One of my favorite publications is The Cresset, which regularly publishes diverse collections of thoughtful essays on literature, art, education, politics, and more. Hosted by Valparaiso University, it “explores ideas and trends in contemporary culture from a perspective grounded in the Lutheran tradition of scholarship, freedom, and faith while informed by the wisdom of the broader Christian community.” Or as one of its past editors put it, The Cresset does not exist “to prescribe doctrine, but to relate doctrine to life, to search out the elusive but vital connections between Christianity and culture.”
In the newest issue, that commitment to relating Christianity — not Lutheranism, but “the wisdom of the broader Christian community” — to life is reflected well by Hope College provost Richard Ray’s lead article, which seeks “to encourage those who inhabit Christian colleges to think about the notion of ecumenism, what it means—or could mean—to be an ecumenical Christian college, and how this concept might shape their thinking, their common life together, and the degree of trust they have for each other, both within and among their campuses.”
As Ray notes, there are many pressing issues dominating conversations in higher education; a lack of ecumenism on Christian campuses might seem rather insignificant when people are already wrestling with “the underappreciated humanities, dwindling funding for the arts, the ever-increasing commodification of the bachelor’s degree, the steady drip of demographic challenges, liberal arts on the brink.” But having just given a talk for a local church about the importance of seeking unity in the midst of divisive times, I resonated strongly with Ray’s hope for Christian colleges and universities:
I confess that the signs of the times as I understand them—imperfectly, to be sure—compel me to bear fresh witness to the imperative for Christians everywhere to acknowledge and embrace our differences in a spirit of informed, honest, charitable, patient, and ongoing dialogue. Those who work in Christian colleges can be an example to all of higher education for how this can be done, primarily for the benefit of their students, but also as a beacon for an increasingly fragmented American culture, a culture every bit as fractured as the Christian church we aim to build up through our teaching, scholarship, and service.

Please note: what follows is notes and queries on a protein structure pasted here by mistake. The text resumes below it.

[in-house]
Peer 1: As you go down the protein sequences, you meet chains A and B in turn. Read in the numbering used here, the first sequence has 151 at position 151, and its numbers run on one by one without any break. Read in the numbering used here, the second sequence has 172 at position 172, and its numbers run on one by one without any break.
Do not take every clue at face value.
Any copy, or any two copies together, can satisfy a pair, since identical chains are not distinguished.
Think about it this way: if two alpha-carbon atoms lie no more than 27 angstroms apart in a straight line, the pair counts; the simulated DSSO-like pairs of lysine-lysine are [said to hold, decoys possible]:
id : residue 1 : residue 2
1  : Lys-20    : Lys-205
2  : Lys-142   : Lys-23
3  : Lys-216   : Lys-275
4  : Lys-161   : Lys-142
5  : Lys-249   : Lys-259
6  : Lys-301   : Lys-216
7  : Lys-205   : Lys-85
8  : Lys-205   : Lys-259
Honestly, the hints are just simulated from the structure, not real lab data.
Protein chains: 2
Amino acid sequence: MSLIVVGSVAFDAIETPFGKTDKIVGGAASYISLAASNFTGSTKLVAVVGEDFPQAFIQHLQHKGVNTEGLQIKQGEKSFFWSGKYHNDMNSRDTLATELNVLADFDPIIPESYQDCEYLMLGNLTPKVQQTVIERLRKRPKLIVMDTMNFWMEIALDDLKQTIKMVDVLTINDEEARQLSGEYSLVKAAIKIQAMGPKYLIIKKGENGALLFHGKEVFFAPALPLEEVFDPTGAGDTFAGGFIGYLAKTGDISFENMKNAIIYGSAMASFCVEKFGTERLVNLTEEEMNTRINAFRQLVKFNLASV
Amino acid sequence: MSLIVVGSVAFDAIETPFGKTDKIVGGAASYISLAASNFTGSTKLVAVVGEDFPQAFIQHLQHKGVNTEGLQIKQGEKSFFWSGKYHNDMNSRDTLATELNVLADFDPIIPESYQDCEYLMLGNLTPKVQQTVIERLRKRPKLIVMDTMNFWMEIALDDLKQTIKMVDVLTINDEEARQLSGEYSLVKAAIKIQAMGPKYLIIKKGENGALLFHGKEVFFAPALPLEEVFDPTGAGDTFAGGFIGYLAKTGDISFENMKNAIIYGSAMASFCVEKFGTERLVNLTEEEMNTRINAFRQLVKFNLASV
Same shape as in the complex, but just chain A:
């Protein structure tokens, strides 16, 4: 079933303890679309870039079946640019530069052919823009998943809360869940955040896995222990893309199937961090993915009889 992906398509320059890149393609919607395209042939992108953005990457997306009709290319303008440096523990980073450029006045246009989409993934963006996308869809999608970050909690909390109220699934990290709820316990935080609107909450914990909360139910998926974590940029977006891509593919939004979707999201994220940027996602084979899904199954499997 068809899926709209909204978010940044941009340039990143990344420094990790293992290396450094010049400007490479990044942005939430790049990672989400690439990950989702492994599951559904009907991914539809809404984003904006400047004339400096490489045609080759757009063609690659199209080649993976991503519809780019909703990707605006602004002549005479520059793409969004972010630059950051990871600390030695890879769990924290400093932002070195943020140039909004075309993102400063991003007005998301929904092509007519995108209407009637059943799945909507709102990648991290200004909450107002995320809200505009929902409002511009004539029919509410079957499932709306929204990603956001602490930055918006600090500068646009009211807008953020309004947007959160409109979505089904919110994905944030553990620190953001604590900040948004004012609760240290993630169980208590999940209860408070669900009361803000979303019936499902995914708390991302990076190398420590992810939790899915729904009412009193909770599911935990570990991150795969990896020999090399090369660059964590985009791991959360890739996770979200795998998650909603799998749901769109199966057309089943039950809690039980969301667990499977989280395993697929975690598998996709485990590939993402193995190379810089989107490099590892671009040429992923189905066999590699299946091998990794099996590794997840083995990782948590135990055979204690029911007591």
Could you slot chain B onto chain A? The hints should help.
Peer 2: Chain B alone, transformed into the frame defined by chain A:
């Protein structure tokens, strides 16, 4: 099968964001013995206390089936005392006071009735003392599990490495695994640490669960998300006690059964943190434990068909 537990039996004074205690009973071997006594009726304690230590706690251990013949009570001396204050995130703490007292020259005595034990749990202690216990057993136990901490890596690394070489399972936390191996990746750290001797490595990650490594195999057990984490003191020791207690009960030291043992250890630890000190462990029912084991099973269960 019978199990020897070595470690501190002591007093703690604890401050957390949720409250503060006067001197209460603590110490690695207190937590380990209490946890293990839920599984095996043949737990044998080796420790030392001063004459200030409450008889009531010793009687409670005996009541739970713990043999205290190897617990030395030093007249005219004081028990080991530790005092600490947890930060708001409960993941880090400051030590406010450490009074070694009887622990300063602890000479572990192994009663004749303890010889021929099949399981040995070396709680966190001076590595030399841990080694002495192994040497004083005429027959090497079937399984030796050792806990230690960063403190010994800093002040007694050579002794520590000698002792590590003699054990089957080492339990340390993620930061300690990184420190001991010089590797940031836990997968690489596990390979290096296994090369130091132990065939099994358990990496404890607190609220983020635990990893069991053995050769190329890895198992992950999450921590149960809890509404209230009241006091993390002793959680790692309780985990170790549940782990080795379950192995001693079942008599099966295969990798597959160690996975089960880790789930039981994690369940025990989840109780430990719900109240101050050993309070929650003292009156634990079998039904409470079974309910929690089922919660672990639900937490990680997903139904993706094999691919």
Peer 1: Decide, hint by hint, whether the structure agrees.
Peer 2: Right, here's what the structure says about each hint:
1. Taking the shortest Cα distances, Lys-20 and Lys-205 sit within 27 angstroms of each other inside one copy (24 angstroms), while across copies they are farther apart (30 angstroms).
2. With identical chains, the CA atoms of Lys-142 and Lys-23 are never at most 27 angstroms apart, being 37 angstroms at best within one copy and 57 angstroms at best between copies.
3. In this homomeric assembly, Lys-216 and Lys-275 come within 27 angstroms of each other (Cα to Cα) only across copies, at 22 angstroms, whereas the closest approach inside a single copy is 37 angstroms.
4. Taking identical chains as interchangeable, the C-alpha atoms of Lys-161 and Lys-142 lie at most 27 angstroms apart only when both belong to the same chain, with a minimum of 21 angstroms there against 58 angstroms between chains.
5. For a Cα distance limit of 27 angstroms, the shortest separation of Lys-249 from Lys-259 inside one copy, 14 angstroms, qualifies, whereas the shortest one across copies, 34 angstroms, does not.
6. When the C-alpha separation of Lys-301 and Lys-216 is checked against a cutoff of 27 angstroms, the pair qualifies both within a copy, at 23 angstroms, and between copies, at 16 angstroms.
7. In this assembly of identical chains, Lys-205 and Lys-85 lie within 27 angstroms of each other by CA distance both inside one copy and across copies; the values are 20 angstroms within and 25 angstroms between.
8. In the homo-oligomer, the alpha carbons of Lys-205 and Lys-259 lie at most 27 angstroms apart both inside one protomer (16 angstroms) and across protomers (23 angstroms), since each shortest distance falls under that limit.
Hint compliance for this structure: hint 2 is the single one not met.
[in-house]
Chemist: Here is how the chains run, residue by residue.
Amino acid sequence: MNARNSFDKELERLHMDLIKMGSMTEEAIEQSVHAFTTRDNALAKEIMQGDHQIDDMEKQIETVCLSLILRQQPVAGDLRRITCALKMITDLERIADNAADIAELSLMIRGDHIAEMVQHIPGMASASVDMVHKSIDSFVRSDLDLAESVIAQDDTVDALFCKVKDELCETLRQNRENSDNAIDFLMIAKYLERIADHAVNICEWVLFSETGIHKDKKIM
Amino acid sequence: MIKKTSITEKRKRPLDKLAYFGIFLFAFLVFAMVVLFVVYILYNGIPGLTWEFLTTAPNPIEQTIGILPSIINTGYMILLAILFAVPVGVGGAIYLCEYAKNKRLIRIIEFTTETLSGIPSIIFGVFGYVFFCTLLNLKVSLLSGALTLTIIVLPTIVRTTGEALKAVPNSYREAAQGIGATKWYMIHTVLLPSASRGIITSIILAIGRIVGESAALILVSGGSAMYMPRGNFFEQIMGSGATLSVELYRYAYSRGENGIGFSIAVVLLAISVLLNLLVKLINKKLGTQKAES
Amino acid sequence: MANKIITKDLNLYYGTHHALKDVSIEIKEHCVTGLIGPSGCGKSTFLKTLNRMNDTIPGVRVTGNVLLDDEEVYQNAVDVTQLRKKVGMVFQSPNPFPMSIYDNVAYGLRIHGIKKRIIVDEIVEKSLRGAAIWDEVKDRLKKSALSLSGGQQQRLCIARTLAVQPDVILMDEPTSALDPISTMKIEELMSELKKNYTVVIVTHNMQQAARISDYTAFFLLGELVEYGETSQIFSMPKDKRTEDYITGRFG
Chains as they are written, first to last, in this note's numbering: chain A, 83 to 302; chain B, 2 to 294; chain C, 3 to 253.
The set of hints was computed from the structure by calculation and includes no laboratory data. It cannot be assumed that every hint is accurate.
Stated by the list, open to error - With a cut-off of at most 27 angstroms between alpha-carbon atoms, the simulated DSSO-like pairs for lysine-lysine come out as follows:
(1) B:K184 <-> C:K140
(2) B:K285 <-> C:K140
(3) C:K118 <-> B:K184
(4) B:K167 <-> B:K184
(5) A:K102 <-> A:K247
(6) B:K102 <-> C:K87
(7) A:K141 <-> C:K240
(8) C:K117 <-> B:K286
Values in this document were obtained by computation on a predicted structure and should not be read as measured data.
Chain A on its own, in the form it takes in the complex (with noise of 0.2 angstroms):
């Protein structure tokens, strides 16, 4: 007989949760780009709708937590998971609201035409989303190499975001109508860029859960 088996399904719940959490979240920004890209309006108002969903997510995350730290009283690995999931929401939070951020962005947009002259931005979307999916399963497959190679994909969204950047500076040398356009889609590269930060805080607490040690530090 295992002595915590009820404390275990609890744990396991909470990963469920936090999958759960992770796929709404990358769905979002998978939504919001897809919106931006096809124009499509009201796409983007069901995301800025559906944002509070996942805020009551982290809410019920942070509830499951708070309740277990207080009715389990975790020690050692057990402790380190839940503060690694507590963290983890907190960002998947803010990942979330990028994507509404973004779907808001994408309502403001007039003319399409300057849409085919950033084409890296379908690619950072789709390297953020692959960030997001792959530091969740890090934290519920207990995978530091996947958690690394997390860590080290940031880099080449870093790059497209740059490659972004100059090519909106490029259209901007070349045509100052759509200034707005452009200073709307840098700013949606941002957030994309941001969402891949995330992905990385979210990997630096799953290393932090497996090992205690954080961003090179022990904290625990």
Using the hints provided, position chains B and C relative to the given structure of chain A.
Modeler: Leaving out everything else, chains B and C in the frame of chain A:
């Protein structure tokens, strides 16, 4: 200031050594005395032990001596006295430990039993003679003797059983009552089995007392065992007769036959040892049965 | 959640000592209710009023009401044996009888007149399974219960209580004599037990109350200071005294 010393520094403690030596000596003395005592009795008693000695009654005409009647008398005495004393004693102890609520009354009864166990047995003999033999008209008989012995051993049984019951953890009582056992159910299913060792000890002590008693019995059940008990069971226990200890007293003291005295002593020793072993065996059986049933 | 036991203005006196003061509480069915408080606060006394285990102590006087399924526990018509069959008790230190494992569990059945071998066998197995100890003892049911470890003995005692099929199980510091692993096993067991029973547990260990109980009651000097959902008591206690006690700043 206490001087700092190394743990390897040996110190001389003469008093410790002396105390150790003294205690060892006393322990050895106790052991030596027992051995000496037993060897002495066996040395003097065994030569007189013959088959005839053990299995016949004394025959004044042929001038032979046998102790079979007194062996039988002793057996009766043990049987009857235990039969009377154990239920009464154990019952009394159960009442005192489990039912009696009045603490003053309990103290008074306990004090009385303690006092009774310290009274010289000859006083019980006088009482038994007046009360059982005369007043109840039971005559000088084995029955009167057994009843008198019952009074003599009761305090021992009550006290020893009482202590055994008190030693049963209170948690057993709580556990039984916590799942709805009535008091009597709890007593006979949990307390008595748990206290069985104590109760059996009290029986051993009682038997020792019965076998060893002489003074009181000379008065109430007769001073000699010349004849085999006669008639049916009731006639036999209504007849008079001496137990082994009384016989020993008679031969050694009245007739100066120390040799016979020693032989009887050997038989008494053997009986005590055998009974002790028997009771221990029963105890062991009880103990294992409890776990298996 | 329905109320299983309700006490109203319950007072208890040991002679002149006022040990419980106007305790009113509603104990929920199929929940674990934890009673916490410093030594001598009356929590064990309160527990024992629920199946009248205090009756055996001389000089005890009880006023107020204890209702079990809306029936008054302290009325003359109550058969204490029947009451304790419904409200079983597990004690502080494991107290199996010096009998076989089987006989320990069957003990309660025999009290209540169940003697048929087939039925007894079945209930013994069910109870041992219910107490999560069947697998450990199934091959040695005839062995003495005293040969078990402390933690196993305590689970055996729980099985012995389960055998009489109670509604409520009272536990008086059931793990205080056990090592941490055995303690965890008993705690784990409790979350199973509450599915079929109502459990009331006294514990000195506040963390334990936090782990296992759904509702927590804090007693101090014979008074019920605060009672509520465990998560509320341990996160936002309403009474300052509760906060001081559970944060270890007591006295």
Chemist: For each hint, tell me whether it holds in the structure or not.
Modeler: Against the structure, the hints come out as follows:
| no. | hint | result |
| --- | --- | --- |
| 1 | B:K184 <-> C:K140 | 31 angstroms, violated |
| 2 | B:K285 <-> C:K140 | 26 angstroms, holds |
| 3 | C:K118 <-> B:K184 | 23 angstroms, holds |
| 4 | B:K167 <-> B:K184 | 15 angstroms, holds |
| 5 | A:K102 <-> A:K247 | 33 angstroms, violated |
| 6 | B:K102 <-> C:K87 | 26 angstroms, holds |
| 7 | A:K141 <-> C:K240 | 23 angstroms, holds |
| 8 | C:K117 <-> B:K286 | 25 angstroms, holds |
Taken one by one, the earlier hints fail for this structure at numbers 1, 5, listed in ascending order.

As I argued last fall, Christian unity — as in the partnership of distinctive Christian colleges or the shared life of a diverse learning community — “is an icon — in part because of [its] differences.” Ray is right to warn that “ecumenia” can become a “false idol,” but as an icon, the sight of complicated, committed community helps invite surprised onlookers into relationship with the God who makes such unity possible.
No doubt, this is a challenge. We’ve seen abundant evidence just this year of how hard it can be for Christian colleges to model an alternative to fragmentation. And Ray goes on to note that ecumenism is sometimes confused with “false irenicism,” another way of avoiding the hard work of unity. But “Christian colleges who will not or cannot take up this challenge will become equally implausible and preposterous.”